According to Kort, there can be a big chasm between our sexual and romantic orientations.

"Straight men can be attracted to the sex act, but not to the man. Straight men having sex with men doesn't cancel somebody's heterosexuality any more than a straight woman having sex with a woman cancels her [heterosexuality]," he says in the video.

Keep Reading Show less
Courtesy of Creative Commons
True

After years of service as a military nurse in the naval Marine Corps, Los Angeles, California-resident Rhonda Jackson became one of the 37,000 retired veterans in the U.S. who are currently experiencing homelessness — roughly eight percent of the entire homeless population.

"I was living in a one-bedroom apartment with no heat for two years," Jackson said. "The Department of Veterans Affairs was doing everything they could to help but I was not in a good situation."

One day in 2019, Jackson felt a sudden sense of hope for a better living arrangement when she caught wind of the ongoing construction of Veteran's Village in Carson, California — a 51-unit affordable housing development with one, two and three-bedroom apartments and supportive services to residents through a partnership with U.S.VETS.

Her feelings of hope quickly blossomed into a vision for her future when she learned that Veteran's Village was taking applications for residents to move in later that year after construction was complete.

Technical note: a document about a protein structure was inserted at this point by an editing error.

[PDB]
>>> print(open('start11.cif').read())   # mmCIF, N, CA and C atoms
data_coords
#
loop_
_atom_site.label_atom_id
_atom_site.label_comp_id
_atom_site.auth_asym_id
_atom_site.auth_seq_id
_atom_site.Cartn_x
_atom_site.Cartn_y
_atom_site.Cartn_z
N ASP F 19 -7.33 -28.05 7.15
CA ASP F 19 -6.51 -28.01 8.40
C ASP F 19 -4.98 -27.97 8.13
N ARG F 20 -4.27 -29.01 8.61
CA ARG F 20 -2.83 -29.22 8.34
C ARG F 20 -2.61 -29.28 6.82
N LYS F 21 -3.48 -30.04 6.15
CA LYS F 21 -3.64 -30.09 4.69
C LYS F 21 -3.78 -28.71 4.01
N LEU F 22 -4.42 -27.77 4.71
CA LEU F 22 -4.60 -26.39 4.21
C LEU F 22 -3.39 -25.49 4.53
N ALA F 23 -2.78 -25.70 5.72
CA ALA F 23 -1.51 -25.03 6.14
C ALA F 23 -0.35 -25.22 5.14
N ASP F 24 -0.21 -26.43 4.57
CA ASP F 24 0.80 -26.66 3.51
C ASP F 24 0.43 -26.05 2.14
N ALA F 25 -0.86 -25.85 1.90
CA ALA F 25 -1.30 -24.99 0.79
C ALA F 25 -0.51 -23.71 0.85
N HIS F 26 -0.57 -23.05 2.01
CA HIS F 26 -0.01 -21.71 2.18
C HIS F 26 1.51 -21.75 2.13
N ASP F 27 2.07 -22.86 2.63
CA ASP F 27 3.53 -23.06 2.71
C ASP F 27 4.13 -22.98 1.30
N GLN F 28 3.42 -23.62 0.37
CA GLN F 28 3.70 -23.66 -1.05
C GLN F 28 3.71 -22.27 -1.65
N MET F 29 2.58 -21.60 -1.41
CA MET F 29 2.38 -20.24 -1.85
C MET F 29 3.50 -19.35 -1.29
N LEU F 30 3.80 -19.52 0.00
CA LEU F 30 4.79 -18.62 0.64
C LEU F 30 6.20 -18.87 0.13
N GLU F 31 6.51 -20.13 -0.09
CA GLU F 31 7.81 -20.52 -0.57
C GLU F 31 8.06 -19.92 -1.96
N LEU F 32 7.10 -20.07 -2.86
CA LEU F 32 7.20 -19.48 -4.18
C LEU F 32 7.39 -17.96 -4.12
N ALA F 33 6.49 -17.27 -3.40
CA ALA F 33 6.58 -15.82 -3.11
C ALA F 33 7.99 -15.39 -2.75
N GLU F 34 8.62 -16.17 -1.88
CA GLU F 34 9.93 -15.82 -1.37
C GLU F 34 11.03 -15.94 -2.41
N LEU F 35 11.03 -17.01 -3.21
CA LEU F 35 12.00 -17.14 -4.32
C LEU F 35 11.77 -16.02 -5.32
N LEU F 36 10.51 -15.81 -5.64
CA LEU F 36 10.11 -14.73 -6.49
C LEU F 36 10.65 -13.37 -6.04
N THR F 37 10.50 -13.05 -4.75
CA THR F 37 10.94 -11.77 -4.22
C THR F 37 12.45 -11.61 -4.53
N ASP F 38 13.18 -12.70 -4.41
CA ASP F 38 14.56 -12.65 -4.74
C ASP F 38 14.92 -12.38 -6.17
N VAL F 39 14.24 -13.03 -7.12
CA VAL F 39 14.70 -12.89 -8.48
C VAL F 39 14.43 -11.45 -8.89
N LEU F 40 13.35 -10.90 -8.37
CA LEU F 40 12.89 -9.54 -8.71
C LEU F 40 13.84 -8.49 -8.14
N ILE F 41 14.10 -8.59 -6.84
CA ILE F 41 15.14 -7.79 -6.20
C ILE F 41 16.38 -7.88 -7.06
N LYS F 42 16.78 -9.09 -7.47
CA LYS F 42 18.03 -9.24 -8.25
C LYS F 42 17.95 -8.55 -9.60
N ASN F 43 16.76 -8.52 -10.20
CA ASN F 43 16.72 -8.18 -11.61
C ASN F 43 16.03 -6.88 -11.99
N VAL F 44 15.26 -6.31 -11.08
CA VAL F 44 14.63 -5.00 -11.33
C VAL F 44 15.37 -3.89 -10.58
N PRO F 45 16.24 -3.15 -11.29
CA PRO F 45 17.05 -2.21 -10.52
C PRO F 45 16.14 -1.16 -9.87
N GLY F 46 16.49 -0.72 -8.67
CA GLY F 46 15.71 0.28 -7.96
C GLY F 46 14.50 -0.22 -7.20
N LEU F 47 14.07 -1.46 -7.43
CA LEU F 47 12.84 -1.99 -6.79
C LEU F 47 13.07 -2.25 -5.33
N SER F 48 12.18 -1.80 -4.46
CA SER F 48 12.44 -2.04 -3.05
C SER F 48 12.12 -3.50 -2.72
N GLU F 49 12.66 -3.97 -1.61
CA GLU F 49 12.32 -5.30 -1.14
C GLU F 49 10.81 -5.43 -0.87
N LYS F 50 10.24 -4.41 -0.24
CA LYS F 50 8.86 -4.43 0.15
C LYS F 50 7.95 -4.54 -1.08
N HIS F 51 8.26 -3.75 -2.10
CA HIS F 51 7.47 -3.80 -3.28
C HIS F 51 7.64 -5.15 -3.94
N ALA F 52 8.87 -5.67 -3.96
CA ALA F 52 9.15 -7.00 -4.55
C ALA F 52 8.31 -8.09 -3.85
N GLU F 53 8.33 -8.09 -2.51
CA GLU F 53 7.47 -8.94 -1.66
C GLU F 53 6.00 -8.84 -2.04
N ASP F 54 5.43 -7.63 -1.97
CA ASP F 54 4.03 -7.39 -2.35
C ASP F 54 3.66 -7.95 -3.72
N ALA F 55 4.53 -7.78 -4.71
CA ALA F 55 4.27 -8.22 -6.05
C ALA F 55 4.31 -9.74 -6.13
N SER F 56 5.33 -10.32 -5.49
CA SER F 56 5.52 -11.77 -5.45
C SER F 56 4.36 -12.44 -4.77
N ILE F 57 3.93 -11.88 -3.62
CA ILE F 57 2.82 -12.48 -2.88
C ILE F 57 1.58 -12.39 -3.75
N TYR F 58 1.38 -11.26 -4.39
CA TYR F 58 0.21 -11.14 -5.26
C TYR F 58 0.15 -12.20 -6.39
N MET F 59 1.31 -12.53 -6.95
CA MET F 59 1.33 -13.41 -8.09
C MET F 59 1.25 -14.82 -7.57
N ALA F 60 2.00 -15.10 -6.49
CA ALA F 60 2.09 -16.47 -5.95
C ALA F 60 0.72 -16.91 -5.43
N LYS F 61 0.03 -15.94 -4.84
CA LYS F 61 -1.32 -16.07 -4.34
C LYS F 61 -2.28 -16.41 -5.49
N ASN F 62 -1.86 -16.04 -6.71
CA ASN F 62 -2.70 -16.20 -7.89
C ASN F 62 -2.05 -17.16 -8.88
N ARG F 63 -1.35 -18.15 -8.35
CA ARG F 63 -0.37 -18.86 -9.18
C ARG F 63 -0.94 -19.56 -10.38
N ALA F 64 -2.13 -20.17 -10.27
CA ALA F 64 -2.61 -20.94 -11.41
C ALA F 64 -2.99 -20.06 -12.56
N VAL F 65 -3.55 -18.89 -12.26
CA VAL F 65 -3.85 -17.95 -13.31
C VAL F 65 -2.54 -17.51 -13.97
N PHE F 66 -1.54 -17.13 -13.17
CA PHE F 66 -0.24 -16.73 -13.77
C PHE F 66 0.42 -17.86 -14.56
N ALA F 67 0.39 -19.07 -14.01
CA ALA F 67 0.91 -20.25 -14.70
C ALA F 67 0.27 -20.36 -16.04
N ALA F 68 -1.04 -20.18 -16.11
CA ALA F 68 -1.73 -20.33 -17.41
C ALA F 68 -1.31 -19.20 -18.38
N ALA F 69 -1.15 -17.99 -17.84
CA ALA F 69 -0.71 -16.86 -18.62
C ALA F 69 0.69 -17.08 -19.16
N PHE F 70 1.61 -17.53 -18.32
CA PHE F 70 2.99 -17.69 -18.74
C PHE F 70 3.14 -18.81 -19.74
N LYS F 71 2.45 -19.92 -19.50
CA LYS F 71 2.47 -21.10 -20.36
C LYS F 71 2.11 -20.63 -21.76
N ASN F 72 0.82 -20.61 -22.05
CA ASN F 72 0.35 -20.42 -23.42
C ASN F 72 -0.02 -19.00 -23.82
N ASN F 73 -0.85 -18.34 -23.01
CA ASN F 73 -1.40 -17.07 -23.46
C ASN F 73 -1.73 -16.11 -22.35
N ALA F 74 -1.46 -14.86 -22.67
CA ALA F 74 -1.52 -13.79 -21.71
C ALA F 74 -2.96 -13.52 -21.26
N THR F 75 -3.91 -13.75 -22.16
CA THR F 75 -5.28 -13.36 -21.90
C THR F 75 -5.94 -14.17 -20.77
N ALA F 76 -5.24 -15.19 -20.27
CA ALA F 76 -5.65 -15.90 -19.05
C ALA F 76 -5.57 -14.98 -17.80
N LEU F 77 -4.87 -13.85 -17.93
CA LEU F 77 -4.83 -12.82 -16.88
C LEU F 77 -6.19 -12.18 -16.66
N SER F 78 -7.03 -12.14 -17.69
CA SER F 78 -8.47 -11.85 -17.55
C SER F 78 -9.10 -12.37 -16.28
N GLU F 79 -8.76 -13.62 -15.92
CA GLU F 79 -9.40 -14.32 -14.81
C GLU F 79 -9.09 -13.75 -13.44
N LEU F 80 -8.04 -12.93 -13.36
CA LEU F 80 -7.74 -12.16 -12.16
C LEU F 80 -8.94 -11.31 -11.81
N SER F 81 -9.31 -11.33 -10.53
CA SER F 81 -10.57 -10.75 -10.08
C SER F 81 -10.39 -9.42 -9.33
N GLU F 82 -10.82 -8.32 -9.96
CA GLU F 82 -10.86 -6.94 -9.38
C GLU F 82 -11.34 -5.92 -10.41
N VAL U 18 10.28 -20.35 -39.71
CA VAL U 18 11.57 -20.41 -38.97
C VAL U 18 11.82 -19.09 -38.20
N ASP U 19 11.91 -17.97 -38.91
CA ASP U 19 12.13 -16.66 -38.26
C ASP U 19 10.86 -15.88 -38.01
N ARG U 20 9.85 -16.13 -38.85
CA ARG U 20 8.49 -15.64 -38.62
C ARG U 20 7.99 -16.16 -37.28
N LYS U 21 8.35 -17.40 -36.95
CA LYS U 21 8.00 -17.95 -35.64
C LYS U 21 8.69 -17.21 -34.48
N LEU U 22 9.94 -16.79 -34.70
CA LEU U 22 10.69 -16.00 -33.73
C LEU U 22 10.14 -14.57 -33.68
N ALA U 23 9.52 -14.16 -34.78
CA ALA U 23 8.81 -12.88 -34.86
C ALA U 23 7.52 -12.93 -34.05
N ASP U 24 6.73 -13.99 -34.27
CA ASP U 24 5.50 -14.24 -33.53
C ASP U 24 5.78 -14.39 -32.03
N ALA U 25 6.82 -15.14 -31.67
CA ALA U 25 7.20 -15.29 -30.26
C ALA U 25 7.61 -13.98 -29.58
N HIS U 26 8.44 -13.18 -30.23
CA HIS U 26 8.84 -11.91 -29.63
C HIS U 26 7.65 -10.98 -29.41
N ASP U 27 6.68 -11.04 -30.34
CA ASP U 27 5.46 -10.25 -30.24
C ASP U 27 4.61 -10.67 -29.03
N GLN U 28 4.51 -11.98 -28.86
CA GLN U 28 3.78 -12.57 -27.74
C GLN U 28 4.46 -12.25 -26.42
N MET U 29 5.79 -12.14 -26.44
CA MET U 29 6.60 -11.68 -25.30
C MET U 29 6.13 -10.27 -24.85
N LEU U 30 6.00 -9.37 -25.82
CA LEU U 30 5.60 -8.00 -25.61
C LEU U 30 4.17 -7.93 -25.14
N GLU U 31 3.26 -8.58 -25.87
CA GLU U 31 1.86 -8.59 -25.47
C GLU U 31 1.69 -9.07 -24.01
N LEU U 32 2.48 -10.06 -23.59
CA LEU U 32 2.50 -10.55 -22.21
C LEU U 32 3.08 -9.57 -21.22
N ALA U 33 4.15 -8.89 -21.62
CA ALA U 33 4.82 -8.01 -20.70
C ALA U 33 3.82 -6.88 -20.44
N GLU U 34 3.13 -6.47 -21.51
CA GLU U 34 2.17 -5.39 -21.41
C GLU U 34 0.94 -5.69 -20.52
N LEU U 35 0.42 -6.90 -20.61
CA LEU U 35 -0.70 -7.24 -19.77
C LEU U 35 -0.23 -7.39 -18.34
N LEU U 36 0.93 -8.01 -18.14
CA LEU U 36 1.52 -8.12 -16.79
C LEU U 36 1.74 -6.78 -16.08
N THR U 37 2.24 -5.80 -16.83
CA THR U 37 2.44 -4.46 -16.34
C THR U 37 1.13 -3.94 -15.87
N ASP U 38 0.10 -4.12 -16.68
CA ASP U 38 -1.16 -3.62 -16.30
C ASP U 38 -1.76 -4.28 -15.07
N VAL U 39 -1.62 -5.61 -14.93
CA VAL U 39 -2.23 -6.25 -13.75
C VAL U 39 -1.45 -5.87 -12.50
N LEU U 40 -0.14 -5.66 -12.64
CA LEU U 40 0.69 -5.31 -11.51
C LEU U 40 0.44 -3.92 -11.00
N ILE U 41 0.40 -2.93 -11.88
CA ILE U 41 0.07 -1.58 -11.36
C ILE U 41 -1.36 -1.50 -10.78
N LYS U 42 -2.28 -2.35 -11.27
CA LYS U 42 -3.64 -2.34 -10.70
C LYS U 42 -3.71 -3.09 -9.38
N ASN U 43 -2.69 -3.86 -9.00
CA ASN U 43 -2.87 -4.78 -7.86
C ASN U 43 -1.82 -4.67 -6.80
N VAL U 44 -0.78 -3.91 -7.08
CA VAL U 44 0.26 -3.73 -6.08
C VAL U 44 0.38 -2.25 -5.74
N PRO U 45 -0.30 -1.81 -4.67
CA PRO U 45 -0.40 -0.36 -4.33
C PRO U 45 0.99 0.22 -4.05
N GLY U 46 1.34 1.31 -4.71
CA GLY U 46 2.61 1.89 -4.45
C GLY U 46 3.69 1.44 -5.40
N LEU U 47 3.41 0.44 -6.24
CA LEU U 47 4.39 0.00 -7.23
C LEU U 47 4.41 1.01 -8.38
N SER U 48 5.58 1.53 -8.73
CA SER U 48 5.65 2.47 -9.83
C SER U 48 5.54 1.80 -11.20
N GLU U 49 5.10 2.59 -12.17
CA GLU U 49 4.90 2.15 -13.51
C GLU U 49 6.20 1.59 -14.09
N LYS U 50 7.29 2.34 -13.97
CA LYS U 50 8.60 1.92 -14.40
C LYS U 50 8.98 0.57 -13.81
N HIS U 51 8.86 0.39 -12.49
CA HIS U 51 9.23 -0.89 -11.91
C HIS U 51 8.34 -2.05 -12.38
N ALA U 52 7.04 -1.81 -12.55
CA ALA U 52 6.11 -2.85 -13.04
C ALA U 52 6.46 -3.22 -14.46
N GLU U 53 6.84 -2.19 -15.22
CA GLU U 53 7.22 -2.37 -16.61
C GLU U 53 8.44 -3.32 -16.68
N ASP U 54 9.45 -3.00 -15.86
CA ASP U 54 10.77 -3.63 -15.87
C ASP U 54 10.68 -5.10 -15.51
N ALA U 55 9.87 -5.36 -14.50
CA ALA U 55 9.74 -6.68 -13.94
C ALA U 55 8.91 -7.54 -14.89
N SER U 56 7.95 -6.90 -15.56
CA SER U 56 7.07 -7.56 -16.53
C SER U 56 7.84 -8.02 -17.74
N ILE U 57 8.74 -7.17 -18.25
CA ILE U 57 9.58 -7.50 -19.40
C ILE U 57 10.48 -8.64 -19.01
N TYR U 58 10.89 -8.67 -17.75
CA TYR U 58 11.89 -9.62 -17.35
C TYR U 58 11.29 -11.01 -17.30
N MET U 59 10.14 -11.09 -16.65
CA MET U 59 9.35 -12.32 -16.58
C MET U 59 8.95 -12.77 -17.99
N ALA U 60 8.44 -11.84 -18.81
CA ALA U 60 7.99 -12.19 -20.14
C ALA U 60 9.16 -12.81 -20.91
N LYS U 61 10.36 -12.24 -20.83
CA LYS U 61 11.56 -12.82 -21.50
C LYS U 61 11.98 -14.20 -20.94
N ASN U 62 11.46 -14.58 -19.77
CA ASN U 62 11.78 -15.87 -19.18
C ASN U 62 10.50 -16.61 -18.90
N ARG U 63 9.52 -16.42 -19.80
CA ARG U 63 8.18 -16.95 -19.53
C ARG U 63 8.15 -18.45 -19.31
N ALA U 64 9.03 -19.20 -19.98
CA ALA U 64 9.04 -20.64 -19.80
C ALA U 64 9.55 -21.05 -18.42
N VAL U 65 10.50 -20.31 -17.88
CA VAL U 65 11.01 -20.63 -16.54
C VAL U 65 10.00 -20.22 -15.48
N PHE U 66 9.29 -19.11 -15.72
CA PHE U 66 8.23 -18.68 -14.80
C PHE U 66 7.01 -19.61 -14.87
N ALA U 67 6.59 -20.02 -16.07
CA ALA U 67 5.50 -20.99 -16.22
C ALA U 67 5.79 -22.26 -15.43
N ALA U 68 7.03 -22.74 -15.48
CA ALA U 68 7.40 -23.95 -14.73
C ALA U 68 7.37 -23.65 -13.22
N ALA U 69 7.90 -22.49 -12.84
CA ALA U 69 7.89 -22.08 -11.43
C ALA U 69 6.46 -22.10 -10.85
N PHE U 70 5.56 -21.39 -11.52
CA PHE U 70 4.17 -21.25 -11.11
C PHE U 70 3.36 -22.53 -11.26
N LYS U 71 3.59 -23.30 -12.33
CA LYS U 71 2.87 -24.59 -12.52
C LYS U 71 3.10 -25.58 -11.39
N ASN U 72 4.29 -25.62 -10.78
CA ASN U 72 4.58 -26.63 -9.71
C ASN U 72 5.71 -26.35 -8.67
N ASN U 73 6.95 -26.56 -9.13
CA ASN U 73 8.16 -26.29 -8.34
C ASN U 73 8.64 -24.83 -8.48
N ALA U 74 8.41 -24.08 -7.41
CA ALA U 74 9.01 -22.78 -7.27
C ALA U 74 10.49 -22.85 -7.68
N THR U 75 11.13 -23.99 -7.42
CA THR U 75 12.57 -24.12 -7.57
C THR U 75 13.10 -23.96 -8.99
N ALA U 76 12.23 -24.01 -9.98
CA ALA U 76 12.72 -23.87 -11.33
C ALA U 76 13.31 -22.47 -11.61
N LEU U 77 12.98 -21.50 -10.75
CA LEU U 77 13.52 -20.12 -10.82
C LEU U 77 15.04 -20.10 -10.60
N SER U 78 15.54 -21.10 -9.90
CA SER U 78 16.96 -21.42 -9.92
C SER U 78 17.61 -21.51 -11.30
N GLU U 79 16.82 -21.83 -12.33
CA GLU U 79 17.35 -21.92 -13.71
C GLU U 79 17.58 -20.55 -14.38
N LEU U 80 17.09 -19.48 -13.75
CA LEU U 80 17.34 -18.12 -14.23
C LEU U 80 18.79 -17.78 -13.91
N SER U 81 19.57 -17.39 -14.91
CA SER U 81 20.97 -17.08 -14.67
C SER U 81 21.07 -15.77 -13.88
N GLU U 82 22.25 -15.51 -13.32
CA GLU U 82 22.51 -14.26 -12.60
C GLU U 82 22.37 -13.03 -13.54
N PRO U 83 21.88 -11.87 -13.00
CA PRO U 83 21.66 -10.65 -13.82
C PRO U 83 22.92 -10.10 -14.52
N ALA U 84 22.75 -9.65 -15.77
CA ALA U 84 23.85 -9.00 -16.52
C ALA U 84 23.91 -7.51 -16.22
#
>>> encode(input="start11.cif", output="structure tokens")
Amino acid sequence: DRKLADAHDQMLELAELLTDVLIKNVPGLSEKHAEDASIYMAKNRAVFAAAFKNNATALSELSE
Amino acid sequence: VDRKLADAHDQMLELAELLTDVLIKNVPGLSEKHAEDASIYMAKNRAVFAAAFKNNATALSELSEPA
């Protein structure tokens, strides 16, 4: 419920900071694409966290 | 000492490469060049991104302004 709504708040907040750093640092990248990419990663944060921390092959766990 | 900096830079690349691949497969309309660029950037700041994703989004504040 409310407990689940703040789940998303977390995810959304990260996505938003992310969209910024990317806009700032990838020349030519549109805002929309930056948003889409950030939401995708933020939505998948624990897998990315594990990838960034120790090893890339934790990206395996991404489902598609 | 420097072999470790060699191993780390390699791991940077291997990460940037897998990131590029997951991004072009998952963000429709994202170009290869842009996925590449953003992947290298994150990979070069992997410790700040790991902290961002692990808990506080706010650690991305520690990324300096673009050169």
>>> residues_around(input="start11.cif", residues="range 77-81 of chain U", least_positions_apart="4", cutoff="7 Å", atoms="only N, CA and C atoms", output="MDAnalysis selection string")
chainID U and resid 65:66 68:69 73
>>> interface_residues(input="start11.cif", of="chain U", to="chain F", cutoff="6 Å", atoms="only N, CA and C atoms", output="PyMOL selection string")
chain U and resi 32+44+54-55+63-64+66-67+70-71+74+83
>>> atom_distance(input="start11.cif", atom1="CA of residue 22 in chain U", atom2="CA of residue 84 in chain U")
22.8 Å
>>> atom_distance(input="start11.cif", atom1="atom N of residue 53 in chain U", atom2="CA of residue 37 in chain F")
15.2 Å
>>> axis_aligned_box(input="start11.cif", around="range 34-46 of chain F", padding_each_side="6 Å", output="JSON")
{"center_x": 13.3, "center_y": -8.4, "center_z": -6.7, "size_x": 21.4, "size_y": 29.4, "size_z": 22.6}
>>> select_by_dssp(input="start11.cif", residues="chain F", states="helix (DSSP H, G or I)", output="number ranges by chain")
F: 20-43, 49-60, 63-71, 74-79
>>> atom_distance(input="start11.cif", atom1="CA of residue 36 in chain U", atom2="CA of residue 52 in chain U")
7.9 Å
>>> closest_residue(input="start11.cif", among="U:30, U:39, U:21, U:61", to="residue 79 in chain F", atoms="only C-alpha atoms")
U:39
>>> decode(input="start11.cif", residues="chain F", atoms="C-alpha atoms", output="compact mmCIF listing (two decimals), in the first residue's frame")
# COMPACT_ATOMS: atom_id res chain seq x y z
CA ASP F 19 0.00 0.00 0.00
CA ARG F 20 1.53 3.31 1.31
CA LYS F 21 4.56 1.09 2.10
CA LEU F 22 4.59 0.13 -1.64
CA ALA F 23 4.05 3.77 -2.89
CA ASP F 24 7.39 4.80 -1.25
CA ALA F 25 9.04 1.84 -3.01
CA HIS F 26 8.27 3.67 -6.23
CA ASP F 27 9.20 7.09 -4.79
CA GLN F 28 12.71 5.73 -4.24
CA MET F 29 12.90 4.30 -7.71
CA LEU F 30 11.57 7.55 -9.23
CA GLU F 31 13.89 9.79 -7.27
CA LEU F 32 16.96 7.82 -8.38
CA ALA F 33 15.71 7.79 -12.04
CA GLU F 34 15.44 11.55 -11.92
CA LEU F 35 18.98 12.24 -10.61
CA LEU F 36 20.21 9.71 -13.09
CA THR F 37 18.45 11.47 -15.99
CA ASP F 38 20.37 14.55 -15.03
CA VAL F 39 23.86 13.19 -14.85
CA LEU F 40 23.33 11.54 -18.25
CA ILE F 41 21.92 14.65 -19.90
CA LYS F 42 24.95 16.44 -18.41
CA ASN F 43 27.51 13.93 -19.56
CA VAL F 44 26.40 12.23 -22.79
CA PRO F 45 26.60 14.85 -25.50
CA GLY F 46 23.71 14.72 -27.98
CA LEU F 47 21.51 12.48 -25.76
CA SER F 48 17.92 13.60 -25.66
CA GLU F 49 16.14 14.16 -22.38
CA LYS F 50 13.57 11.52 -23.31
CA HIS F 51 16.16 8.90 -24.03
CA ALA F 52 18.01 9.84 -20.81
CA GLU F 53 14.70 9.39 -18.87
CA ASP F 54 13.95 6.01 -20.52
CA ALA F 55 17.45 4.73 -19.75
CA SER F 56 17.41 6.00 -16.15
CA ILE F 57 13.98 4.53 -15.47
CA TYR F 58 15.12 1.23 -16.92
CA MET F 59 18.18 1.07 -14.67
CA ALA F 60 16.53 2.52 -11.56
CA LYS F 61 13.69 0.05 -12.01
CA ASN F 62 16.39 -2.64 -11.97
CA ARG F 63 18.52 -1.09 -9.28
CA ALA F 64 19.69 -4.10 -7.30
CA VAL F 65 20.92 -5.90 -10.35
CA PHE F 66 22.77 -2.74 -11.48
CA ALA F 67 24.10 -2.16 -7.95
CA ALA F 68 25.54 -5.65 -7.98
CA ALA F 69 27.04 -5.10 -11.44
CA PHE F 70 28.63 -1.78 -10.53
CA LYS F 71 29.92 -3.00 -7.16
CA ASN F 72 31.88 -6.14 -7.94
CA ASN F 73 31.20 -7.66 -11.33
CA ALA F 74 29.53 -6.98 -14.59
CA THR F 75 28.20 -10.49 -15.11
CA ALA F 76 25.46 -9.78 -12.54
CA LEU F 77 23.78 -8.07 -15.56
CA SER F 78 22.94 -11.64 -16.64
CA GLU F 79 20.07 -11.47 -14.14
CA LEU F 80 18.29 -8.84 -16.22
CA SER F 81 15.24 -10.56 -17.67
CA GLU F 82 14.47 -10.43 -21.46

"I was entered into a lottery and I just said to myself, 'Okay, this is going to work out,'" Jackson said. "The next thing I knew, I had won the lottery — in more ways than one."

Keep Reading Show less

You know that feeling you get when you walk into a classroom and see someone else's stuff on your desk?

OK, sure, there are no assigned seats, but you've been sitting at the same desk since the first day and everyone knows it.

So why does the guy who sits next to you put his phone, his book, his charger, his lunch, and his laptop in the space that's rightfully yours? It's annoying!

Keep Reading Show less

Controversy has been brewing for months at the University of Texas at Austin as student-athletes petitioned the school to stop playing the school's alma mater song, "The Eyes of Texas."

The issue is that the origins of the song are allegedly steeped in racism. It was written in 1903 by two students who were inspired by speeches given by then-UT President William Prather, in which he used the phrase "The eyes of Texas are upon you." Prather himself had been inspired by General Robert E. Lee—leader of the Confederate army that fought for the right to own slaves—who used to say "the eyes of the South are upon you."

That's not all. The song is set to the tune "I've Been Workin' On the Railroad," which has its own questionable origins, and according to the Austin American-Statesman, "The song debuted at a Varsity minstrel show, a fundraiser for UT athletics, and was at some points performed by white singers in blackface." (Minstrel shows were a long, disturbing part of America's history of racism, in which white performers made themselves into caricatures of Black people and Black performers acted out cartoonish stereotypes in order to entertain audiences.)

This summer, in the midst of nationwide protests against racial injustice, students at the university launched a petition asking the school to confront its historic ties with the Confederacy in the names of buildings on campus and to formally acknowledge the racial roots of the alma mater song. A second student petition asked the school to replace the song with one that didn't have "racist undertones" in an attempt "to make Texas more comfortable and inclusive for the black athletes and the black community that has so fervently supported this program."

Keep Reading Show less